Friday, May 25, 2007

You’re Still the One, Part IX

Question: What one crime, mystery, or thriller novel do you think has been most unjustly overlooked, criminally forgotten, or underappreciated over the years?

Peter Robinson, author of Friend of the Devil and Piece of My Heart:

“I’d like to nominate a whole series--the Martin Beck books by Maj Sjöwall and Per Wahlöö. I know the series is not very obscure, but it was at the time I discovered it, in the early ’80s, and I had a very hard time getting hold of the books. I might as well begin by recommending the first in the series, Roseanna, published in 1965, though the other nine are equally as absorbing. The writers excelled at realistic character development and depiction of contemporary Sweden. Without pioneers like Sjöwall and Wahlöö, there might be no Kurt Wallander or Inspector Van Veeteren today, let alone Detective Chief Inspector Alan Banks!”

Linwood Barclay, author of Stone Rain and No Time for Goodbye:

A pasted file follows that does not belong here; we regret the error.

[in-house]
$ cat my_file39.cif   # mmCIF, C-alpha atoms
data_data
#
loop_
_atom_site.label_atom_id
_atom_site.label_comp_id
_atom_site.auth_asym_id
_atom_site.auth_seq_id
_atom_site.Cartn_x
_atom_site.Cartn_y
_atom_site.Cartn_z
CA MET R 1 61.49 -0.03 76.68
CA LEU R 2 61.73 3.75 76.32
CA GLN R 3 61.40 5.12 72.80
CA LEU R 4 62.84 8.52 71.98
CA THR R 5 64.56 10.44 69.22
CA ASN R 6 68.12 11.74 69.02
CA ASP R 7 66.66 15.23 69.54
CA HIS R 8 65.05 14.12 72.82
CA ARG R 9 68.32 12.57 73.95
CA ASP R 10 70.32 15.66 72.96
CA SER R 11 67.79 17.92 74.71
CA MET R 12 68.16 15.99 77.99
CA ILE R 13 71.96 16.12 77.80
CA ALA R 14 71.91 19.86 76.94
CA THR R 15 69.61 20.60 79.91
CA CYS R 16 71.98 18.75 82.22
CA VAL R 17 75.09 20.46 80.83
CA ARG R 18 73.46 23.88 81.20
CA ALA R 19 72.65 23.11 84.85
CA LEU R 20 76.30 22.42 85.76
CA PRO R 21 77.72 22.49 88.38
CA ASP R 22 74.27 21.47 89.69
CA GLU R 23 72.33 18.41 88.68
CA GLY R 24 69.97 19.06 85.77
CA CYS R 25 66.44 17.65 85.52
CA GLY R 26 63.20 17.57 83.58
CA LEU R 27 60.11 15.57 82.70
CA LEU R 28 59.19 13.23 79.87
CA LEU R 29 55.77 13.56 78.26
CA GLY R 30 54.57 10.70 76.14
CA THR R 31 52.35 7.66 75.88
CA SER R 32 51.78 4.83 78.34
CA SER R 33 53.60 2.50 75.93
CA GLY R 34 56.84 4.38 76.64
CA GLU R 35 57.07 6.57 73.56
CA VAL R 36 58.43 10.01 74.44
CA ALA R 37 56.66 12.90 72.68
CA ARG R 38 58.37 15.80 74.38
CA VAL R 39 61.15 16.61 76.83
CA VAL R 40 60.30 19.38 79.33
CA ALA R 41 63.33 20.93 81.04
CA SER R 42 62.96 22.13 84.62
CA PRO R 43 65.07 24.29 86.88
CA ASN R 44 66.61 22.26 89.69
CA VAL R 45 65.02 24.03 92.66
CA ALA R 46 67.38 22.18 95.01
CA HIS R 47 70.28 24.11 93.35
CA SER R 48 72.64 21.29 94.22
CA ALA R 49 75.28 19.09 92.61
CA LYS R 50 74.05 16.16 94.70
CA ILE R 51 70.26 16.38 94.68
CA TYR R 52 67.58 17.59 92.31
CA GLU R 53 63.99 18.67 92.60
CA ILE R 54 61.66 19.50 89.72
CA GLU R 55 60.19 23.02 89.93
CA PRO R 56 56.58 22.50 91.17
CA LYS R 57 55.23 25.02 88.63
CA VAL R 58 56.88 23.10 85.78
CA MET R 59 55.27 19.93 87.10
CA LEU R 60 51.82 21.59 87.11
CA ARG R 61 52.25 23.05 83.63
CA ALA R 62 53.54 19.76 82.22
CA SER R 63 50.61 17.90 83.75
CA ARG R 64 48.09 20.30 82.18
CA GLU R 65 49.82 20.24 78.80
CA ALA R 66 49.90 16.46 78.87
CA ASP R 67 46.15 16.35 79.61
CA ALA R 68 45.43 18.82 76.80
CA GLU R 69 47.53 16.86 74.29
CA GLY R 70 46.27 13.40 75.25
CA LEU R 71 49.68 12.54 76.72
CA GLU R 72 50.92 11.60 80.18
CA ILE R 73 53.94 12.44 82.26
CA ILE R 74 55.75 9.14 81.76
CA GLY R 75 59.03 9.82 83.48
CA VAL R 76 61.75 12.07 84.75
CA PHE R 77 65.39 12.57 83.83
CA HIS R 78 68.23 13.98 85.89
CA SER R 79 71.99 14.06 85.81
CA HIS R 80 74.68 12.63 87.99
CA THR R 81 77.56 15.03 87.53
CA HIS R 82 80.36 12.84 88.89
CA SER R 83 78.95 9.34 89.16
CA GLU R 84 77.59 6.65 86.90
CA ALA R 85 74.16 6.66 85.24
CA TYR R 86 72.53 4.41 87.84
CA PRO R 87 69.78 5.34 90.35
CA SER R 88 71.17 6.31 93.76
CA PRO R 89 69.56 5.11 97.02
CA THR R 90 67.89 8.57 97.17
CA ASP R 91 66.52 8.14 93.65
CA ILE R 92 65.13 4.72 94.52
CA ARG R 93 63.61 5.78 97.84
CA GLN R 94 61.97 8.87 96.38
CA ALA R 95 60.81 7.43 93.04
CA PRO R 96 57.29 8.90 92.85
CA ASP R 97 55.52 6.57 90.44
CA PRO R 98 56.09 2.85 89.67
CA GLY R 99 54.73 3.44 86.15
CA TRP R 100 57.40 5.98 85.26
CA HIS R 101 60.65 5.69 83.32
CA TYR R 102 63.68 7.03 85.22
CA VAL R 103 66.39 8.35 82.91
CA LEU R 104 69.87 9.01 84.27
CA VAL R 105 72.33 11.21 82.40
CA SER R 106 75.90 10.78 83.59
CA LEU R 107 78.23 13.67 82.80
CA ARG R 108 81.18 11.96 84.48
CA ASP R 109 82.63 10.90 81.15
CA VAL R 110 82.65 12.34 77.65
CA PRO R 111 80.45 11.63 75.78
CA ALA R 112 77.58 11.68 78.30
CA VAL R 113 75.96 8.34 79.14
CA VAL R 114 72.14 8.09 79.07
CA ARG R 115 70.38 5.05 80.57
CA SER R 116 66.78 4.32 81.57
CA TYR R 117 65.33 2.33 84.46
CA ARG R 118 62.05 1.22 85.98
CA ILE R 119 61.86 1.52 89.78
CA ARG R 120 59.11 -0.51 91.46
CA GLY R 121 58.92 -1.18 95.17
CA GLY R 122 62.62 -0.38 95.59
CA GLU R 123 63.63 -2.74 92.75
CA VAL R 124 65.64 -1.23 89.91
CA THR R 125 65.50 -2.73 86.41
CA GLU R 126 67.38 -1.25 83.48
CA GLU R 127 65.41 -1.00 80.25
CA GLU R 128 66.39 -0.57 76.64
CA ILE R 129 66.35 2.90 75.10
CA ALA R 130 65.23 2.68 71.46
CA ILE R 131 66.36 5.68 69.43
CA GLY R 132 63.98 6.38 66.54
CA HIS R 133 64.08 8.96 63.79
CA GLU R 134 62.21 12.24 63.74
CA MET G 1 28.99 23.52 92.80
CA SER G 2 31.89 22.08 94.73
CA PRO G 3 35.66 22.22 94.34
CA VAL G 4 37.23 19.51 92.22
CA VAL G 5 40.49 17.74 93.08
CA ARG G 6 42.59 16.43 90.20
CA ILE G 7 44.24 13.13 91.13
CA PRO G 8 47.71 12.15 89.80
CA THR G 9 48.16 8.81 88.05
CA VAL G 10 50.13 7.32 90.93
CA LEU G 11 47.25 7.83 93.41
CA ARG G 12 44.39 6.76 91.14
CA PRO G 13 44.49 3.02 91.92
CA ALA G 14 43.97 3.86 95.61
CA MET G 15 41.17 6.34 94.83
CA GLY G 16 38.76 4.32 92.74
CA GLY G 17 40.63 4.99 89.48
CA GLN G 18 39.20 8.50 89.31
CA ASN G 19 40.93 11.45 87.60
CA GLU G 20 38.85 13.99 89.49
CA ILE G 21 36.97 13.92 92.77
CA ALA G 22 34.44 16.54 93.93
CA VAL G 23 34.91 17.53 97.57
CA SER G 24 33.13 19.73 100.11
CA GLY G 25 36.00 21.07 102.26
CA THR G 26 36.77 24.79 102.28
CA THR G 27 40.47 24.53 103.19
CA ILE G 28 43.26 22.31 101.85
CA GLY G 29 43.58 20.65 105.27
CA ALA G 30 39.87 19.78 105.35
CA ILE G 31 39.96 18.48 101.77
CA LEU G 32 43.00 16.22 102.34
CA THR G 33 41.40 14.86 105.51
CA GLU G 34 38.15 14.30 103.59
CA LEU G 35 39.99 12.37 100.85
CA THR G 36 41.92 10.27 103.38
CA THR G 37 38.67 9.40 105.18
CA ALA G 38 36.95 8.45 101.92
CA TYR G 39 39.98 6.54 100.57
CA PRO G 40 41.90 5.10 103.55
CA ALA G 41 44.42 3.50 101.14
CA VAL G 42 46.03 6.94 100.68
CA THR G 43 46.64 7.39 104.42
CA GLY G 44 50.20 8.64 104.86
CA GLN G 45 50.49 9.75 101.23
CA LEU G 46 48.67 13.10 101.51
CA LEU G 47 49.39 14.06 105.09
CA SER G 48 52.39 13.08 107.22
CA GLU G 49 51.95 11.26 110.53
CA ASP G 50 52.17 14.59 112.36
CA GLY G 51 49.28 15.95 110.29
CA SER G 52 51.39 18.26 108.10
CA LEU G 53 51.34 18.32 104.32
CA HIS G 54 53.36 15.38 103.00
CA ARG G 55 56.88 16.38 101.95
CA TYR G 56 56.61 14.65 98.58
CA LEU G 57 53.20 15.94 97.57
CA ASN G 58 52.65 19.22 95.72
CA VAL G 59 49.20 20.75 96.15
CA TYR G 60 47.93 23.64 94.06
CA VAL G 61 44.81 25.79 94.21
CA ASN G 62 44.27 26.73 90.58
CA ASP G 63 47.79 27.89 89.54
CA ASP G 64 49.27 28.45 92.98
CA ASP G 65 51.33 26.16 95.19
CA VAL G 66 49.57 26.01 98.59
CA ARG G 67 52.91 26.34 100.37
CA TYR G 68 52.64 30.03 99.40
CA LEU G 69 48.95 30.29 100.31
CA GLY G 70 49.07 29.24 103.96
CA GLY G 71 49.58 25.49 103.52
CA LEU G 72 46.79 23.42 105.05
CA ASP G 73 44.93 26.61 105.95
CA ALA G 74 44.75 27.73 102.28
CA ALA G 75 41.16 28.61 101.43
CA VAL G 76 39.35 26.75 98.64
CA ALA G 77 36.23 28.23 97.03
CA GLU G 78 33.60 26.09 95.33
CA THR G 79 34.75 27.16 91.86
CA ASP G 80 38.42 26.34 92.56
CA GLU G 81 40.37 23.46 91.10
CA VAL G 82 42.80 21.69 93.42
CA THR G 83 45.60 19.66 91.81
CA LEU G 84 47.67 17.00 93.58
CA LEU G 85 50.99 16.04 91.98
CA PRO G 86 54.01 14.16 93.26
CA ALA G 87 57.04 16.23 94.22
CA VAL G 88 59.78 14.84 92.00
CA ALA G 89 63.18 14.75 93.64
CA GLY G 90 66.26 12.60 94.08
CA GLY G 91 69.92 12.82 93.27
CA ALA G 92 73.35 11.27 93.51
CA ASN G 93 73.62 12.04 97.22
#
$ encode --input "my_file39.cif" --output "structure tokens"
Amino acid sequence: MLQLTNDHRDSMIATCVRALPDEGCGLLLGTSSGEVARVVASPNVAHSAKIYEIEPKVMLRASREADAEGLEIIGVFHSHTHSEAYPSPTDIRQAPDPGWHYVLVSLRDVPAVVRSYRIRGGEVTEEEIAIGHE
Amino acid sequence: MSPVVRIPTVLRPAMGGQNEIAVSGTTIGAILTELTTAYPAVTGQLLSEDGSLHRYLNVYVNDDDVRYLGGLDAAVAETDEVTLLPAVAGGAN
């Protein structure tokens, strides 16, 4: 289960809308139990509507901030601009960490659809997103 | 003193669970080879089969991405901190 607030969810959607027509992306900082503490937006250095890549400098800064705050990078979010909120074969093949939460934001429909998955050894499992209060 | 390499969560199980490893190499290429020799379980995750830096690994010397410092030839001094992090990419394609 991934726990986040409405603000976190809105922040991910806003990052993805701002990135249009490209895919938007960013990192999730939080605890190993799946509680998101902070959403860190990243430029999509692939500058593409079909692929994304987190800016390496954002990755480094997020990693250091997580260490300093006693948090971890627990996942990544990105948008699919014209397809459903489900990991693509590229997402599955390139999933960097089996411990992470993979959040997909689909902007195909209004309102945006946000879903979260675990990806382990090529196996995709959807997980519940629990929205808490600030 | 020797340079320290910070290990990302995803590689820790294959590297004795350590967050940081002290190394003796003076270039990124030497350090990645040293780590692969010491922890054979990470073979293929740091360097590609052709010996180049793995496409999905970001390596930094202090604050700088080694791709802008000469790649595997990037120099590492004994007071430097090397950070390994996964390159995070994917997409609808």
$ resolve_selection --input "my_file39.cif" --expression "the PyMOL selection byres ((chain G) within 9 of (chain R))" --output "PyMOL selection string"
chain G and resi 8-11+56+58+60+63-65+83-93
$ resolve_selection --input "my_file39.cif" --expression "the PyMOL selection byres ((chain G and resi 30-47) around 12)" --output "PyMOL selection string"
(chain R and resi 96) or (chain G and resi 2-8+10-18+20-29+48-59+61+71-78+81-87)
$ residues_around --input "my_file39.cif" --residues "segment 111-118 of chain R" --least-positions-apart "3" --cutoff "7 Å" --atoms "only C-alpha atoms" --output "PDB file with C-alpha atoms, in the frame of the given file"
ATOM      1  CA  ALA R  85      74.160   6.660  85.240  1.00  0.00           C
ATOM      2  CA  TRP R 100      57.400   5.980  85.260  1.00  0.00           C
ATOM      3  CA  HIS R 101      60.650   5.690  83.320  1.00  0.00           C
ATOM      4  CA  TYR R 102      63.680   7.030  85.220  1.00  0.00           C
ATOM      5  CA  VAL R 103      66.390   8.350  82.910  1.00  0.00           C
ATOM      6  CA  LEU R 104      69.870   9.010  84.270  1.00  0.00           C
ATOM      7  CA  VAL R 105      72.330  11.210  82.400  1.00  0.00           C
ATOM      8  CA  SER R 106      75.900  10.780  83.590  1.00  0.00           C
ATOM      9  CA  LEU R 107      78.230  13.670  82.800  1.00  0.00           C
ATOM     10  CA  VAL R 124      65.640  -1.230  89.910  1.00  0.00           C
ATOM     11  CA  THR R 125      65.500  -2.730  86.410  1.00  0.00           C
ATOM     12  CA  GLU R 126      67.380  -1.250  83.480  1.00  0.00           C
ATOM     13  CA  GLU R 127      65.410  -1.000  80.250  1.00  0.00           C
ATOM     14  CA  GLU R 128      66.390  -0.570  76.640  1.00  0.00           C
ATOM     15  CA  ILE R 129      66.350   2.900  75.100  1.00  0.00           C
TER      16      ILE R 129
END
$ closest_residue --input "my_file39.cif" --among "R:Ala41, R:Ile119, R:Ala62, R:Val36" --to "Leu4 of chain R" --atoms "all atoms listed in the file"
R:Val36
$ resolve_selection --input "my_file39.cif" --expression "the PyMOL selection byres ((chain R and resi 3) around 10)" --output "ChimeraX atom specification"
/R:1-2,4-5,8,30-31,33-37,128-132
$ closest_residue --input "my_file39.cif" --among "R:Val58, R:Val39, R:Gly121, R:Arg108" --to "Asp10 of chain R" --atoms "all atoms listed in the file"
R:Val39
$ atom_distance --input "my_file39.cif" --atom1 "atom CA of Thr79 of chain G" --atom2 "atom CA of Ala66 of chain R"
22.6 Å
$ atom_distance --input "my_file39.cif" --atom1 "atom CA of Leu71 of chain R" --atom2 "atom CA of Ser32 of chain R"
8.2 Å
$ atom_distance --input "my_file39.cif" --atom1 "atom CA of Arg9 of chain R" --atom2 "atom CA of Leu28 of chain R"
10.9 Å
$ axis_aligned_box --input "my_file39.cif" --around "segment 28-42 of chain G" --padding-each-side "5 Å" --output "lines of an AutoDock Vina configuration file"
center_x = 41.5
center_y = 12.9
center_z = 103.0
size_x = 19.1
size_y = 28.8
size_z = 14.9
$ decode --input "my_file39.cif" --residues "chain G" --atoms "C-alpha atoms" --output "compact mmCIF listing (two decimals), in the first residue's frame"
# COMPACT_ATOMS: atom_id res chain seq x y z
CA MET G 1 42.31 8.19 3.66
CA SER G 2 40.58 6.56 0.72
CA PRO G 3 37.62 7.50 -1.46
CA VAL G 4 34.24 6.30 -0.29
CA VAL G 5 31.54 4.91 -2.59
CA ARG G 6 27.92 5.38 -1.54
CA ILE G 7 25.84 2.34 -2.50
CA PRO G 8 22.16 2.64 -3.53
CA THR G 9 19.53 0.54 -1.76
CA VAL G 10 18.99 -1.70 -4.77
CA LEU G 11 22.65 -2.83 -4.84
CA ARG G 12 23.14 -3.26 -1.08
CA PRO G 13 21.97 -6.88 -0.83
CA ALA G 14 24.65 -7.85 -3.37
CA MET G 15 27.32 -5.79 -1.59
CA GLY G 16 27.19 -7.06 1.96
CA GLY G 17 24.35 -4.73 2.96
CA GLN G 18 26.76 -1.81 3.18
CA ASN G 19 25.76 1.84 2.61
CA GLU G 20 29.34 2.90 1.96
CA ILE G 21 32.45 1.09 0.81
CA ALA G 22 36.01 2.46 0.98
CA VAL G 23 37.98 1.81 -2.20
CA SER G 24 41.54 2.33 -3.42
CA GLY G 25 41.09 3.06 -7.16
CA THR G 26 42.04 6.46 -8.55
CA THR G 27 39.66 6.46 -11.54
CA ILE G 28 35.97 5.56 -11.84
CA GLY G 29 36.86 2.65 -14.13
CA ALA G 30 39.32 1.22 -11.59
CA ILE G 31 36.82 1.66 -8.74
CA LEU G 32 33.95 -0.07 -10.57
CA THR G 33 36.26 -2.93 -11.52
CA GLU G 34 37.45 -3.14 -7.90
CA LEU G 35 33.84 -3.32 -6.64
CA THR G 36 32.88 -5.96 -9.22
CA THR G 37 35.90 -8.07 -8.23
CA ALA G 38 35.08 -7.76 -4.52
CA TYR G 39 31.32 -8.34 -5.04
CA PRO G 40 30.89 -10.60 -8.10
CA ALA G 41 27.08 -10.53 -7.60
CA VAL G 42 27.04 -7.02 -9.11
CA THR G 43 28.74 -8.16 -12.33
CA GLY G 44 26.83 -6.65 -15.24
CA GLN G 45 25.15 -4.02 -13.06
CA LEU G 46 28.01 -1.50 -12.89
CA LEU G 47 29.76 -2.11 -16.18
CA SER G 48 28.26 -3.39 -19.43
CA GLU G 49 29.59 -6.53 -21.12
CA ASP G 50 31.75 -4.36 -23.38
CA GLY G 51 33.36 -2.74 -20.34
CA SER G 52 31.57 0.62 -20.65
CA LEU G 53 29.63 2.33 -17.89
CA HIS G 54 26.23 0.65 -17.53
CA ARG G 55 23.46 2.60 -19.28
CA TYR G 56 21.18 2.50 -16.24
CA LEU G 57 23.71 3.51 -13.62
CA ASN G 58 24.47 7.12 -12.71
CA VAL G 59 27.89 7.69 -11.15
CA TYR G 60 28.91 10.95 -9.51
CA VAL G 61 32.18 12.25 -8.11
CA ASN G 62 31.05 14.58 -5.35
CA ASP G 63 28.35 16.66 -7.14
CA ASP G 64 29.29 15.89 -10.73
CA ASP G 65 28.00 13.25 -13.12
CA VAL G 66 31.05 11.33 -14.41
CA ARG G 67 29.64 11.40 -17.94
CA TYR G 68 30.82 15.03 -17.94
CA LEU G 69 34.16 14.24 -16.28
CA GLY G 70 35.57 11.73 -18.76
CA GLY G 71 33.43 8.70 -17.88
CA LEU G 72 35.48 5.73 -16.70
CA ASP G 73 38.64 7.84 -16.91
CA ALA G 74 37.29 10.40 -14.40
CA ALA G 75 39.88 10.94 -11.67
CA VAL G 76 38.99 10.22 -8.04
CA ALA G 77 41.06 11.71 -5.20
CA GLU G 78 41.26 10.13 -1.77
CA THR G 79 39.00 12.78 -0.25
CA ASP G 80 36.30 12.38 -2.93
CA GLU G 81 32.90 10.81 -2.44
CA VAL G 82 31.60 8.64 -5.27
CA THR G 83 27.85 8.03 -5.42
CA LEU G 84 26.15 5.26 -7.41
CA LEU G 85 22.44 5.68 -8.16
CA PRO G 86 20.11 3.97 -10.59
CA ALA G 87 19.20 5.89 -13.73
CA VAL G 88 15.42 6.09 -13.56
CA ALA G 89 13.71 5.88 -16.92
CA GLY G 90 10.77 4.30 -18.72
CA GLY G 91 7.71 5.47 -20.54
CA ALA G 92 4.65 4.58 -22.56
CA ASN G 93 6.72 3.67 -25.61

“Here’s one that comes to mind, but is very recent: Drama City [2005], by George Pelecanos. It received some critical acclaim, I think, but deserved more recognition and readership than I believe it got. At a time when writers are being encouraged to write ‘big’ books, Pelecanos writes a focused tale about the most unlikely of heroes, an ex-con who works as an officer for the Humane Society. It’s a raw crime novel, but it’s the undercurrent of humanity and sadness that struck me. My favorite of his novels.”

Karen G. Anderson, contributing editor of January Magazine:

High Tide (1970), by P.M. Hubbard. “In a used bookstore some years back, I paid $2 for this English mystery paperback. Single-sentence quotes from The New York Times Book Review graced the back cover and first page, and a short blurb on the back cover identified the protagonist as a convicted killer, recently released from prison, who finds himself being shadowed along the south coast of England by persons unknown.”The book was written with spare, precise language (something I’d come to expect from British crime writers) and Hubbard used the seacoast setting in such a way that you felt damp and chilled throughout. The coolness of the story reminded me of Nicholas Freeling’s books, and early Reginald Hill--and also, oddly, of 1970s-era songs by Richard Thompson about drifters and outsiders on the English backroads. In short, it haunted me.